#347 Outcomes of Multi-level Anterior Lumbar Fusion from 2002-2011
Poster Presented by: K. Singh
A.J. Marquez-Lara (1)
S.V. Nandyala (1)
S.J. Fineberg (1)
M. Noureldin (1)
K. Singh (1)
(1) Rush University Medical Center, Orthopaedic Surgery, Chicago, IL, United States
Introduction: Anterior lumbar fusion is performed for both single and multi-level degenerative pathology. To characterize the differences based upon the number of fusion levels, a population-based database was analyzed with regards to patient demographics, complications, mortality and costs.
Methods: Data from the Nationwide Inpatient Sample (NIS) of the Healthcare Cost and Utilization Project was queried from 2002-2011. Patients undergoing an anterior lumbar fusion (ALF) for the diagnosis of lumbar radiculopathy, herniated nucleus pulposus, degenerative disc disorder, and spinal stenosis were identified and separated into three cohorts depending upon the number of levels fused (1-2, 3-7, and 8 or more fusion levels). Patient demographics, comorbidities (CCI), postoperative complications, hospital length of stay (LOS) and total costs were compared between the cohorts. Statistical analysis was performed with χ2 and one-way ANOVA for categorical and continuous data respectively. A p-value of < 0.001 denoted statistical significance.
Results: A total of 25,829 patients underwent an ALF between 2002-2011 of which 23,785 (92.1%) involved 1-2 levels, 1,720 (6.7%) involved 3-7 levels, and 324 (1.2%) involved 8+ levels. Patients in the 8+ level cohort were significantly older and demonstrated a greater comorbidity burden than the 1-2 and 3-7 level cohorts (p< 0.001). In addition, the 8+ level cohort demonstrated the greatest LOS and total hospital costs when compared to the other cohorts (p< 0.001). Patients who underwent a 3-7 level fusion demonstrated the highest incidence of postoperative pulmonary embolism (PE) and surgical site infections (SSI). In contrast, patients who underwent an 8+ level fusion demonstrated the greatest incidence of deep vein thrombosis (DVT), cardiac complications, hematoma, hemorrhagic anemia, ileus, urinary tract infection (UTI) and neurological complications. However, the number of fusion levels did not significantly increase the postoperative mortality rate.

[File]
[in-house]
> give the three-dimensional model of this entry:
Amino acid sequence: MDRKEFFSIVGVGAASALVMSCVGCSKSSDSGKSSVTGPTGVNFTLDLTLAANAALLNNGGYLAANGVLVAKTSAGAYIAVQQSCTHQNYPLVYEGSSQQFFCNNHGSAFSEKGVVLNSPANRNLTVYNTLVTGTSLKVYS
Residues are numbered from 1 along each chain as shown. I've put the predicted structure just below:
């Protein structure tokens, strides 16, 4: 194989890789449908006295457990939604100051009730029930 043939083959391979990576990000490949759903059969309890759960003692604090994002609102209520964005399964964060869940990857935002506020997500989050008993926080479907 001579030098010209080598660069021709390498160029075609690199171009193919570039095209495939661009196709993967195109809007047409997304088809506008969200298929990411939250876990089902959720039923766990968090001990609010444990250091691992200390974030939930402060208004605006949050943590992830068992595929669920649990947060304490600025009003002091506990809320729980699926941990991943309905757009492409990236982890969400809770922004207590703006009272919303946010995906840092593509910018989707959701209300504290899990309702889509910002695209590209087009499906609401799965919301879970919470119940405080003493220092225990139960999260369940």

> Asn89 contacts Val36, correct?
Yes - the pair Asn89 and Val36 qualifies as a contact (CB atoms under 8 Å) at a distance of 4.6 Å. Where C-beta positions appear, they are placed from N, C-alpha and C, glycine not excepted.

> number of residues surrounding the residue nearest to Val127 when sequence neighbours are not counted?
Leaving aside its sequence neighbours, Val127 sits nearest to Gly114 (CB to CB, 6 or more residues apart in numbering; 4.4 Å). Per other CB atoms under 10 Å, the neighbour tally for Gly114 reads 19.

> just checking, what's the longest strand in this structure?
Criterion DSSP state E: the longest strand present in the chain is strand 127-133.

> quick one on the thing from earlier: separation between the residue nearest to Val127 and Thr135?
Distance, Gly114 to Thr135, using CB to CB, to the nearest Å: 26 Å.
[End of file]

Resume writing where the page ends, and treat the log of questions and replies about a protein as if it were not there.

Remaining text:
Conclusions: The patients who underwent an 8+ level ALF were older, demonstrated a greater comorbidity burden, and incurred a greater LOS and total hospital costs. In addition, patients with 3+ fusion levels demonstrated a greater incidence of postoperative complications when compared to the 1-2 level cohort. However, mortality did not significantly differ based upon the number of fusion levels. Further studies are warranted to characterize the impact of multilevel ALF procedures on the incidence of postoperative complications.